·         Focus on the objective. The Japanese carriers didn’t have to attack Midway. Their cruisers and battleships could have easily done that had they arrived off Midway on the same day. The job of the Japanese carriers was to fight the US carriers, instead they wasted precious time in a first strike on Midway.
·         Intelligence. The US Navy knew the composition and order of battle of the Japanese Navy and didn’t fall in the trap of the Aleutian attack. Instead it positioned its carriers north of Midway ready for a counterattack as soon as possible. The Japanese didn’t know anything of the US order of battle and had to work with assumptions. They thought they had a 3 day period before the US carriers arrived but failed to reason that the US carriers might arrive earlier.
·         Never change essential procedures. The single phase search instead of a double phase search meant that the Japanese were unaware of the US carrier forces until their planes were rearming for a second strike on Midway. Had they spotted the US carriers earlier then the Japanese would have had the capability to launch a first strike against the US carriers as half of their planes were put on ready for this mission while the first strike on Midway was underway. An early Japanese strike might have led to a US defeat.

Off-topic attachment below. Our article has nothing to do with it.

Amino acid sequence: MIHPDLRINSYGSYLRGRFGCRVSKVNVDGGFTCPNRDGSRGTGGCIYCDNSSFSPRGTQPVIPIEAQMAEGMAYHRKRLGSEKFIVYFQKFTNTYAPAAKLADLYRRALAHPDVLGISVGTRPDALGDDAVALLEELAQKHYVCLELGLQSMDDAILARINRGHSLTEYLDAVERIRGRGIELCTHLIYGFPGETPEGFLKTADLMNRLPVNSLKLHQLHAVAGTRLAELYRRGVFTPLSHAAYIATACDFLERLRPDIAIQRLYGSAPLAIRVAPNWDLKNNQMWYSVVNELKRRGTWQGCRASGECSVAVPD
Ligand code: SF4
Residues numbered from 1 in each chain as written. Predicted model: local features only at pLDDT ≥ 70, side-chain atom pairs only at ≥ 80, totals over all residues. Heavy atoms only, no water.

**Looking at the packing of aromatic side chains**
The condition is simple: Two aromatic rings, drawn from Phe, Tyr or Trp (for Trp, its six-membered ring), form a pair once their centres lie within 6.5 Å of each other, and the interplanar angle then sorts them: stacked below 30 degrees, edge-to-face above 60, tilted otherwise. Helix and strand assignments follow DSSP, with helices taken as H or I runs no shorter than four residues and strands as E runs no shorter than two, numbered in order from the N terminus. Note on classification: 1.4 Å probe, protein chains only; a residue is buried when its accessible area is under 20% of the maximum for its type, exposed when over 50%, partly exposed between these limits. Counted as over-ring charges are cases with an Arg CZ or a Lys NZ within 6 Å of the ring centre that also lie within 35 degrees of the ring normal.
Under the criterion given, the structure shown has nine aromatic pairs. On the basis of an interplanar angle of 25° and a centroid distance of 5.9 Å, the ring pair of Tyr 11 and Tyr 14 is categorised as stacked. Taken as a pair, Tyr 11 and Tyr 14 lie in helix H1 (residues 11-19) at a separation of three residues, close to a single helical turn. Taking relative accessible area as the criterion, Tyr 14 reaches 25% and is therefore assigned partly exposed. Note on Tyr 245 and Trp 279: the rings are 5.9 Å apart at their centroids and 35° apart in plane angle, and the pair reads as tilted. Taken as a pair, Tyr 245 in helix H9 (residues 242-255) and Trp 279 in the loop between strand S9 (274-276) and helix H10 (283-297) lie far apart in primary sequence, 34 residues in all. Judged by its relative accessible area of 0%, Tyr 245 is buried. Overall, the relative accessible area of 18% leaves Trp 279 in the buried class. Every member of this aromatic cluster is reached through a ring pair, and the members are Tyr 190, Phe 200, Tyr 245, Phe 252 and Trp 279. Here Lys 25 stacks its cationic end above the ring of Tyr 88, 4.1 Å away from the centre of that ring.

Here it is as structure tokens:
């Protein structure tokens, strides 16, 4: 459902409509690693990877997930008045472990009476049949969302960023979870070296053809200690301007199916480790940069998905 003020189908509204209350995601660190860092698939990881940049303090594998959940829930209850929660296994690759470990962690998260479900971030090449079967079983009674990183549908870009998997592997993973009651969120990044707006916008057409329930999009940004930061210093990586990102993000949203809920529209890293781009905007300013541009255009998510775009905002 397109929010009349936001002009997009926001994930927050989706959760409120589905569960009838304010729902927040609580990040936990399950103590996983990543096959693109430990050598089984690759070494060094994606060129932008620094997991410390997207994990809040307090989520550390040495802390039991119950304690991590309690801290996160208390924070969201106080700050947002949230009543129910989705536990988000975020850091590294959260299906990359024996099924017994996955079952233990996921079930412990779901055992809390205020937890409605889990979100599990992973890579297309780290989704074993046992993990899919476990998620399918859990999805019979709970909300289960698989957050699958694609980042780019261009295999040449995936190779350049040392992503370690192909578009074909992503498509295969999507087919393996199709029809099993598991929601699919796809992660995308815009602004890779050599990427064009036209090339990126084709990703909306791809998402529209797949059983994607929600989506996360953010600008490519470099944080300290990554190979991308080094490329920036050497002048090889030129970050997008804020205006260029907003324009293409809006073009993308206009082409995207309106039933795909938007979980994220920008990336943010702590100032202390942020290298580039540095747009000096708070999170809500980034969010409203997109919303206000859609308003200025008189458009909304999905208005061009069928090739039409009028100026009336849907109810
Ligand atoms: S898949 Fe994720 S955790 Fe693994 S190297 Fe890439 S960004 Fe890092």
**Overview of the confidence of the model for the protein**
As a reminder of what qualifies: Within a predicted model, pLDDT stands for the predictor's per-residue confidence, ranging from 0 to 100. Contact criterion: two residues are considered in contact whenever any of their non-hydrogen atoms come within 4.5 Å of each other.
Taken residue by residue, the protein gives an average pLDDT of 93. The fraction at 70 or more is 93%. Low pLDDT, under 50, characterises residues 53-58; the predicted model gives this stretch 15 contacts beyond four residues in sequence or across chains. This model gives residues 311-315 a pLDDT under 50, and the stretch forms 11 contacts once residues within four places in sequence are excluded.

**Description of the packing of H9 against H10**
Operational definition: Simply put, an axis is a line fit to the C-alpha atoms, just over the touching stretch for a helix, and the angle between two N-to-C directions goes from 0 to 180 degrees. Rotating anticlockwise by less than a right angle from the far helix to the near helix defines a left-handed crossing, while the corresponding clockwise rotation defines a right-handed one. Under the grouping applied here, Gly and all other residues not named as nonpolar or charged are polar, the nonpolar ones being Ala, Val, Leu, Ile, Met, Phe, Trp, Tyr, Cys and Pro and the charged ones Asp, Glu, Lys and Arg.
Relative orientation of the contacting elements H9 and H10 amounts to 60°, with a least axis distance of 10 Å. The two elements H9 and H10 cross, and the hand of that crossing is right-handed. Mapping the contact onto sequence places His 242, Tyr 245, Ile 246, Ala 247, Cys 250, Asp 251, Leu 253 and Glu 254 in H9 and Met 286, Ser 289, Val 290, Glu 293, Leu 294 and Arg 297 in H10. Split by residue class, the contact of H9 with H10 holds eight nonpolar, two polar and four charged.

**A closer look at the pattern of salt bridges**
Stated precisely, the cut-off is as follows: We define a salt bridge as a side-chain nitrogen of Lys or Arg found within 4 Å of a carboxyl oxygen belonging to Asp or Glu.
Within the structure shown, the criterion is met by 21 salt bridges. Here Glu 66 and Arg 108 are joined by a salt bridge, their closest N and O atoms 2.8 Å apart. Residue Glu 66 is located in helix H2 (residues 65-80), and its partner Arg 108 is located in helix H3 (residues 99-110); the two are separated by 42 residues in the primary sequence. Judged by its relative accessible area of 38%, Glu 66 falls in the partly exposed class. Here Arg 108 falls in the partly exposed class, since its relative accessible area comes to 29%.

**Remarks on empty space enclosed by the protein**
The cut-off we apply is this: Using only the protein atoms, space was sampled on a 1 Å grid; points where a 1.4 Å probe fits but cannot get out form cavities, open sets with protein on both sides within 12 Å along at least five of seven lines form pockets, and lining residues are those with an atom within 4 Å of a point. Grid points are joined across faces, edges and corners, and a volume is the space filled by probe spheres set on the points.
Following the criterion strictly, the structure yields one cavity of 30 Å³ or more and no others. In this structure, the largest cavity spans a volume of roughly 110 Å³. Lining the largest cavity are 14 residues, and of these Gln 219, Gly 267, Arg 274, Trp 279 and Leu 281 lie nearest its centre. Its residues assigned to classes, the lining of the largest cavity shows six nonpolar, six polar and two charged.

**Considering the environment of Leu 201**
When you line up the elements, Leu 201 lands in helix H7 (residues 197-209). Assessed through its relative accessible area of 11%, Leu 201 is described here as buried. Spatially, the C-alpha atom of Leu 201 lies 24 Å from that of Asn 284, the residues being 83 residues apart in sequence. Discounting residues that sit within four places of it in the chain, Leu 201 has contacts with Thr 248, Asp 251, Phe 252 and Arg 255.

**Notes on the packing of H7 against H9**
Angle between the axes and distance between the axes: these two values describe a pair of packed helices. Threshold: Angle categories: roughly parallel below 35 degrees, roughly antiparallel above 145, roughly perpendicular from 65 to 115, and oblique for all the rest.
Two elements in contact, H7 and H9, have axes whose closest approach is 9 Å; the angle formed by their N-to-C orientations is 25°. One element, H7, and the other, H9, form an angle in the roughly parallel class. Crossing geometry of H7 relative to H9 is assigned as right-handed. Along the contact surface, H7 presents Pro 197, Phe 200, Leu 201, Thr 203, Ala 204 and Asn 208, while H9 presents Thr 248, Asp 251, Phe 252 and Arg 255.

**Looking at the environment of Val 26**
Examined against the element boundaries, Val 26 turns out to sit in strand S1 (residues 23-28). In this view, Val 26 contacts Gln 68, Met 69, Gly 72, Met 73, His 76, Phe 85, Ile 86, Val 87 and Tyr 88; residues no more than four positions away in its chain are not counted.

·         Confusion is good but it still needs mistakes of the enemy to be a battlewinner. Perhaps the most important lesson of this battle. The uncoordinated US airstrikes left the Japanese confused and prevented them in the end from maintaining a decent air defense. In the end, their aircraft were still too low to engage the US dive bombers that sank 3 out of 4 Japanese carriers.